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Future Classic portable power tools?

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Forum topic by PutnamEco posted 07-27-2011 05:32 PM 2066 views 0 times favorited 6 replies Add to Favorites Watch
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PutnamEco

155 posts in 2752 days


07-27-2011 05:32 PM

Topic tags/keywords: question

What portable power tools produced today do you think will become future classics?
I’m thinking of tools like the Black & Decker Sawcat, the Porter-Cable “locomotive” A-3 belt sander and 315 and 314 circular saws and the 126 porta plane, the original Skil 77 circular saw and the Skil 100 “surfboard” planer . The tools that will sell for twice their original price in 25 years, or do you think that they don’t make this quality of tool any more?

-- “The test of our progress is not whether we add more to the abundance of those who have much; it is whether we provide enough for those who have too little.” ― Franklin D. Roosevelt


6 replies so far

View CharlieM1958's profile

CharlieM1958

16244 posts in 3685 days


#1 posted 07-27-2011 05:37 PM

Maybe the PC690 router?

For the most part,though, there is a different mindset today. Power tools are designed to be more or less disposable. Planned obsolescence. The companies know they can make more money that way.

-- Charlie M. "Woodworking - patience = firewood"

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Loren

8313 posts in 3114 days


#2 posted 07-27-2011 05:51 PM

Unusual, specialized tools probably – timber framing stuff like wide format
hand held planers and bandsaws. Check out some of the freaky stuff made
by Mafell.

Dado cutting saws are a bit collectible – they are modified worm drive saws.

View Bertha's profile

Bertha

13003 posts in 2159 days


#3 posted 07-27-2011 05:53 PM

I can’t think of a single modern powertool that will stand the test of time. Handtools? probably. Bridge City, probably some SnapOn, Gramercy, Bad Axe, etc. Perhaps if Fein goes out of business somehow, their multitool might be novel in the future. I’ll be using my plasma cutter watch for most of my work in the future;)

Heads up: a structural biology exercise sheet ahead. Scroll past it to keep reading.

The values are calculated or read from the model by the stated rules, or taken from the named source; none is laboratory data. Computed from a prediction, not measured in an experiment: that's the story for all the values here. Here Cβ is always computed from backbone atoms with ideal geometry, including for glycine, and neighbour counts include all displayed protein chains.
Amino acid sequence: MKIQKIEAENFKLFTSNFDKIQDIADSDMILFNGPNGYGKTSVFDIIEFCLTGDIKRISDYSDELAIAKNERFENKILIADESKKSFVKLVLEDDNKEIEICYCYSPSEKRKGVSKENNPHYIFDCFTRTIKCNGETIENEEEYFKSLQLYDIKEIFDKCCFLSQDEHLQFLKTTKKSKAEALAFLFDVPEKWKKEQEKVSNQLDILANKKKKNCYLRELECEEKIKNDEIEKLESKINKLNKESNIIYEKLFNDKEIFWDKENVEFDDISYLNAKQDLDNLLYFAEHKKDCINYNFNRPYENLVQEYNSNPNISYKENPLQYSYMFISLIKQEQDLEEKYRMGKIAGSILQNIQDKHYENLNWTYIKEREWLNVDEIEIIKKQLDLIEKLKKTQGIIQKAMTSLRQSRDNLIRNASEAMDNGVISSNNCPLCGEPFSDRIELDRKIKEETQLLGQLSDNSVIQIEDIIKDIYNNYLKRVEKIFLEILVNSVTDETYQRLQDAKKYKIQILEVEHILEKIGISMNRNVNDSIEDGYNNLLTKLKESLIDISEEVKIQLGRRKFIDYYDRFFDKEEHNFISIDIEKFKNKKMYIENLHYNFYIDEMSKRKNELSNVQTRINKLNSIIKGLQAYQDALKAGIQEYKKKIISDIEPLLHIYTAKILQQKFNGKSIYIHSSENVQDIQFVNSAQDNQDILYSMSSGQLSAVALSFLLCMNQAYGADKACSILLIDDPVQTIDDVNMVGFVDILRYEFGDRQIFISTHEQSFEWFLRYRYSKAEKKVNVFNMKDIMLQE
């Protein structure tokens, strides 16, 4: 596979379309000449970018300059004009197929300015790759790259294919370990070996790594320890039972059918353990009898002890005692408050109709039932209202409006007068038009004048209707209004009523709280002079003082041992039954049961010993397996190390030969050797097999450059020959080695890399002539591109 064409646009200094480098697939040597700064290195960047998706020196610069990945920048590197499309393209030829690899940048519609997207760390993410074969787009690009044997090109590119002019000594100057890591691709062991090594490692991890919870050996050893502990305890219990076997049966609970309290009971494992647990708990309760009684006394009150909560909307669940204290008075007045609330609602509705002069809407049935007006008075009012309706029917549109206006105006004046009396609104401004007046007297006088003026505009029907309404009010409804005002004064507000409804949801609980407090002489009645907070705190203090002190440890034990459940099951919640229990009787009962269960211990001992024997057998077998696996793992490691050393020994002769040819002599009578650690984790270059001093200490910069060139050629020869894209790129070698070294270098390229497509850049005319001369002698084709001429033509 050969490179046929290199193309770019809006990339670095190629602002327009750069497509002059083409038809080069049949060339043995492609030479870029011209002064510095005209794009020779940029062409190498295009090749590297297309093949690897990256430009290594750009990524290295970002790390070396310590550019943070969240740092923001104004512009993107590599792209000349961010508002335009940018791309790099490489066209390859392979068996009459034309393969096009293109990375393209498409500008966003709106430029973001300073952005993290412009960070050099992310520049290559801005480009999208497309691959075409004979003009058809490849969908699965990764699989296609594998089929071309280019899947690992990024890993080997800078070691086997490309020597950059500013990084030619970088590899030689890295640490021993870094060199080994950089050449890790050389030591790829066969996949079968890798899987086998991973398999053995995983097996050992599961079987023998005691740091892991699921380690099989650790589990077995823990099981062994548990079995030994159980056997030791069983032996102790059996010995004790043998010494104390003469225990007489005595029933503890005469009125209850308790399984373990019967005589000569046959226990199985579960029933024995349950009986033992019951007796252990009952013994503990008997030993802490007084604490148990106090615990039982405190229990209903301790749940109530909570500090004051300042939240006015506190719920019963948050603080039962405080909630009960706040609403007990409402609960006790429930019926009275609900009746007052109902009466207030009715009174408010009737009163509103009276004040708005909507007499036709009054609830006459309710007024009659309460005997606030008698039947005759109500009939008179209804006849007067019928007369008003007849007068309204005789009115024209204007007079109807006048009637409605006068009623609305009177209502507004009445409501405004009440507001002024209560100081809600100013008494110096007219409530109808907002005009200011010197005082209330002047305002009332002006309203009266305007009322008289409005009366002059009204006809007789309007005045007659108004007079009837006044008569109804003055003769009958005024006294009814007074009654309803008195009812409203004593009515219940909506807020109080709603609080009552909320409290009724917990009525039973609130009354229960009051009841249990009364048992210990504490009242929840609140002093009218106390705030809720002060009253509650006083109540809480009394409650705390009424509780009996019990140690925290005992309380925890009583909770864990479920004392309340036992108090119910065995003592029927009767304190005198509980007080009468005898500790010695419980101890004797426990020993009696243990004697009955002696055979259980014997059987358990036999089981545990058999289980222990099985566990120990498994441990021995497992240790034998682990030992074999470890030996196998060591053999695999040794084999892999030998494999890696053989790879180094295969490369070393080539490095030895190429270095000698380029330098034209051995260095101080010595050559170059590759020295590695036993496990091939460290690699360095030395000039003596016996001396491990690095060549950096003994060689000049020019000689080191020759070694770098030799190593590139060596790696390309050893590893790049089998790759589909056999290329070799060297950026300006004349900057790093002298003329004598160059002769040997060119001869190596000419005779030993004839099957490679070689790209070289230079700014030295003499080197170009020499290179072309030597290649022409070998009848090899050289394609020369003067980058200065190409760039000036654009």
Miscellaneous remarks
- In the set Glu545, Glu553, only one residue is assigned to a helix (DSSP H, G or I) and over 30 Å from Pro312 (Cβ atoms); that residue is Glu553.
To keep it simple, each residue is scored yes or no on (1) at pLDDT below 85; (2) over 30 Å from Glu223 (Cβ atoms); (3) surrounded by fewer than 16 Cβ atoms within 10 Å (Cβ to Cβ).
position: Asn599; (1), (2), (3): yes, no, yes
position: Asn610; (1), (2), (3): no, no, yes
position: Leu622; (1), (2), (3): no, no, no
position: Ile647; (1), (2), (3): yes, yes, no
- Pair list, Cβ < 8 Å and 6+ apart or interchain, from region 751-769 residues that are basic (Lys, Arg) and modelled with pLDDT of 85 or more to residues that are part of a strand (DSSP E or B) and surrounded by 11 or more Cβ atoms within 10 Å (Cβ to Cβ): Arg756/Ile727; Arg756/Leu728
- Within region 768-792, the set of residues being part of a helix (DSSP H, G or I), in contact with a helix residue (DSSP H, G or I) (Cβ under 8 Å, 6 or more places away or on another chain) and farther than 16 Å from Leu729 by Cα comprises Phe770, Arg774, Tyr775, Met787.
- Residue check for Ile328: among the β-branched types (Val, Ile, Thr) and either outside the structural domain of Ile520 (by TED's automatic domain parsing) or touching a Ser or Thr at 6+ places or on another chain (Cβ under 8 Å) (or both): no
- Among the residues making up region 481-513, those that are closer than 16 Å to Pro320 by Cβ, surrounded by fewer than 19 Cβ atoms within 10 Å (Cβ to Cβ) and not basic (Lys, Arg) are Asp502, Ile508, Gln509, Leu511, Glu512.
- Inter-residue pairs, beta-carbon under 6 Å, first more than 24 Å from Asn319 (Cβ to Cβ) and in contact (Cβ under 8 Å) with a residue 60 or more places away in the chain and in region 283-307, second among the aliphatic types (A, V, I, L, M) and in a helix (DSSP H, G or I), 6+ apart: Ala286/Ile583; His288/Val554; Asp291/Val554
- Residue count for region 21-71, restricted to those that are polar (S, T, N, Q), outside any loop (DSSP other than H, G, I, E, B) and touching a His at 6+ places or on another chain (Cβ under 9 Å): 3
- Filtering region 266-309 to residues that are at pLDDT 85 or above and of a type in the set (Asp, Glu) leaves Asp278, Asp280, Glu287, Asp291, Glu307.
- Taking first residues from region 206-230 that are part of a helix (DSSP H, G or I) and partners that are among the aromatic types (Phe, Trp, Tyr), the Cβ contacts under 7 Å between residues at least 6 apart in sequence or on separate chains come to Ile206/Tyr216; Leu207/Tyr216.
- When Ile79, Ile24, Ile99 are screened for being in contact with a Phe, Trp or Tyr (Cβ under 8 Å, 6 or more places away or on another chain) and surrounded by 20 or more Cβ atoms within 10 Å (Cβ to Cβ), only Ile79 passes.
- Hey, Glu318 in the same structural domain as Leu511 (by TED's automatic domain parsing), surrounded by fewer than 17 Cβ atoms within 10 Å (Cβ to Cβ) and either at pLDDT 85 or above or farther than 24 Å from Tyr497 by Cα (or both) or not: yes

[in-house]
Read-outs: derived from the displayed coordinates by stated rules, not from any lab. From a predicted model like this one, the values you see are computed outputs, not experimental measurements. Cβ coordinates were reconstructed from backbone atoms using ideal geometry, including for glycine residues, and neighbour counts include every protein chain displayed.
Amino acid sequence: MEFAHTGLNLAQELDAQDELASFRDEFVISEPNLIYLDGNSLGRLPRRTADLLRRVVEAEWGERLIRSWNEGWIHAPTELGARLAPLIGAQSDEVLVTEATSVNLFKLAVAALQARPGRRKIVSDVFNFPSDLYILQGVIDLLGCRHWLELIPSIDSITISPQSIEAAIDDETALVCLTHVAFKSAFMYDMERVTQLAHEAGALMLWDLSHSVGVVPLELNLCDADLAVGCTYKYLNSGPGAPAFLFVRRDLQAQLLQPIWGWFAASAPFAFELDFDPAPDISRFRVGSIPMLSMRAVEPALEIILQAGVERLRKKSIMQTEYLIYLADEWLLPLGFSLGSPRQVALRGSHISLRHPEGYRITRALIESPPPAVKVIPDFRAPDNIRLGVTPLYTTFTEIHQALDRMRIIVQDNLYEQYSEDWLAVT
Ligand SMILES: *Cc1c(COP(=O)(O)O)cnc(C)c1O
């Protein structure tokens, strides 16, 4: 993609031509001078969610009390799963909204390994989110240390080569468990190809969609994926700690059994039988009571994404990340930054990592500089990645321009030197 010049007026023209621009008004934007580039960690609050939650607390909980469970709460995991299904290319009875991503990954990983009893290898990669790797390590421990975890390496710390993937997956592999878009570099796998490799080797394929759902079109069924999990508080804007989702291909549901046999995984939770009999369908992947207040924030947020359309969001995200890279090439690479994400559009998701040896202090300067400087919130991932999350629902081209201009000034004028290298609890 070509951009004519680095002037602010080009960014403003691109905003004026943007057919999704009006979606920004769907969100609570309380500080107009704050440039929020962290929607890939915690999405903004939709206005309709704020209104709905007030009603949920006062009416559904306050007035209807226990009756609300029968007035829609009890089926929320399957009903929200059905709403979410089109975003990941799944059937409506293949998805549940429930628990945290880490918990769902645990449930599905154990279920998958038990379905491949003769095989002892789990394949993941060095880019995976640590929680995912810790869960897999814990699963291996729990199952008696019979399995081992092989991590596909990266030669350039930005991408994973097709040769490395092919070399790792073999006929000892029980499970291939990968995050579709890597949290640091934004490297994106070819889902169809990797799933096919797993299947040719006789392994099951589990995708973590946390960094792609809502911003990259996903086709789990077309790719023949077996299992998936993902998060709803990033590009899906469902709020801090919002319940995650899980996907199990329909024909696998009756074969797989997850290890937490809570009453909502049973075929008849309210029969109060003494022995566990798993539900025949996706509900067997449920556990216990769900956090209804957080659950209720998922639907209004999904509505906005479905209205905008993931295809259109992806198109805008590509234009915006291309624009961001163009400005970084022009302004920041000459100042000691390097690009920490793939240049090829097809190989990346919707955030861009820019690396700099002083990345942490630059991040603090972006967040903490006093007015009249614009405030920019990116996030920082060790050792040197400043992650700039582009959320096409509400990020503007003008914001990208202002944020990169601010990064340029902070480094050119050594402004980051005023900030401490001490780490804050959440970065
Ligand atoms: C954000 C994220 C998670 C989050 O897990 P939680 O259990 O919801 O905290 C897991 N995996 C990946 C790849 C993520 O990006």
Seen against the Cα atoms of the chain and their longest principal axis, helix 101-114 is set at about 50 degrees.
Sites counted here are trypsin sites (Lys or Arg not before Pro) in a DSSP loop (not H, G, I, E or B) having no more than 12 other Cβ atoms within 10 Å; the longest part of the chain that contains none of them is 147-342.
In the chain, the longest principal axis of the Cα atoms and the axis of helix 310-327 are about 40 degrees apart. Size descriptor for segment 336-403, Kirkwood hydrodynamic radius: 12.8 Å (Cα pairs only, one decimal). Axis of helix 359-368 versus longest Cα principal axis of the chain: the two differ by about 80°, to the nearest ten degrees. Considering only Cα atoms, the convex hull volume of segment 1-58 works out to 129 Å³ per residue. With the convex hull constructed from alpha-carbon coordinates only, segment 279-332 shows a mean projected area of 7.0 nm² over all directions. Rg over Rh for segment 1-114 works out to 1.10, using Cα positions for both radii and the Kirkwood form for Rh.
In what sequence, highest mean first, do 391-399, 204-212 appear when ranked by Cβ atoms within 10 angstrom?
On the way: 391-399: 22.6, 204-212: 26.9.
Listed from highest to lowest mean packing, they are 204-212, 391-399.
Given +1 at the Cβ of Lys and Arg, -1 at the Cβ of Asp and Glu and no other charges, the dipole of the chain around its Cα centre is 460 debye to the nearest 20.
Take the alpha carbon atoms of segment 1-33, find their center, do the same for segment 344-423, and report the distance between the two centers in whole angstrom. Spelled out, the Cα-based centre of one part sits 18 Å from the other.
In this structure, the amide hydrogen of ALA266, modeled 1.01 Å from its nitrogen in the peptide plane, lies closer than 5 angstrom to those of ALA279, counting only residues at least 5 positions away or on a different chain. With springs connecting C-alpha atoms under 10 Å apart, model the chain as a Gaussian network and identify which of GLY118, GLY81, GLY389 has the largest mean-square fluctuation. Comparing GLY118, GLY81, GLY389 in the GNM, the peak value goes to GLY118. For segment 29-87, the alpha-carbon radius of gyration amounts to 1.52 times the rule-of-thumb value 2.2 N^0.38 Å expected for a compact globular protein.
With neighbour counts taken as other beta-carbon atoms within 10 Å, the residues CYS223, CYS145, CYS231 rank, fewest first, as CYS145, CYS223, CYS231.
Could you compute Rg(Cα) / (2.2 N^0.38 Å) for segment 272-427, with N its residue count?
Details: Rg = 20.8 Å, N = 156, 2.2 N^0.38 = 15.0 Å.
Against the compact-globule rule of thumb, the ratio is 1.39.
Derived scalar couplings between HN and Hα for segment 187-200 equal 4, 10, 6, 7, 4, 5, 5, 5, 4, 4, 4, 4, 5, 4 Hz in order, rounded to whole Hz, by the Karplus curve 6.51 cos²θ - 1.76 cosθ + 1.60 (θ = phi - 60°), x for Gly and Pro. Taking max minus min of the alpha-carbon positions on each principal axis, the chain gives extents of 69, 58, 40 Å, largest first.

-- My dad and I built a 65 chev pick up.I killed trannys in that thing for some reason-Hog

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PutnamEco

155 posts in 2752 days


#4 posted 07-30-2011 04:37 PM

I would certainly say that the Porter-Cable 690 is a classic, at least the early made in USA ones. I would also think the P-C 330 sander as well. I wonder if tools like the Lamello top 21 or any of Festools line will be revered by future generations
I don’t really think many of Mafells line up will become “classic” as not many people really know about them and they are more a specialists tool. I don’t doubt they will hold their value though.
As for dado saws the Mafell is the only one still produced and it is rather pricey. The old Skil 117 Groover was/is a collectable classic. I don’t know of any other dado saws. Pairis Products made an accessory bolt on for the Skilsaw that was popular on the west coast. These tools are now no longer OSHA compliant, so you won’t see them on any job site legally.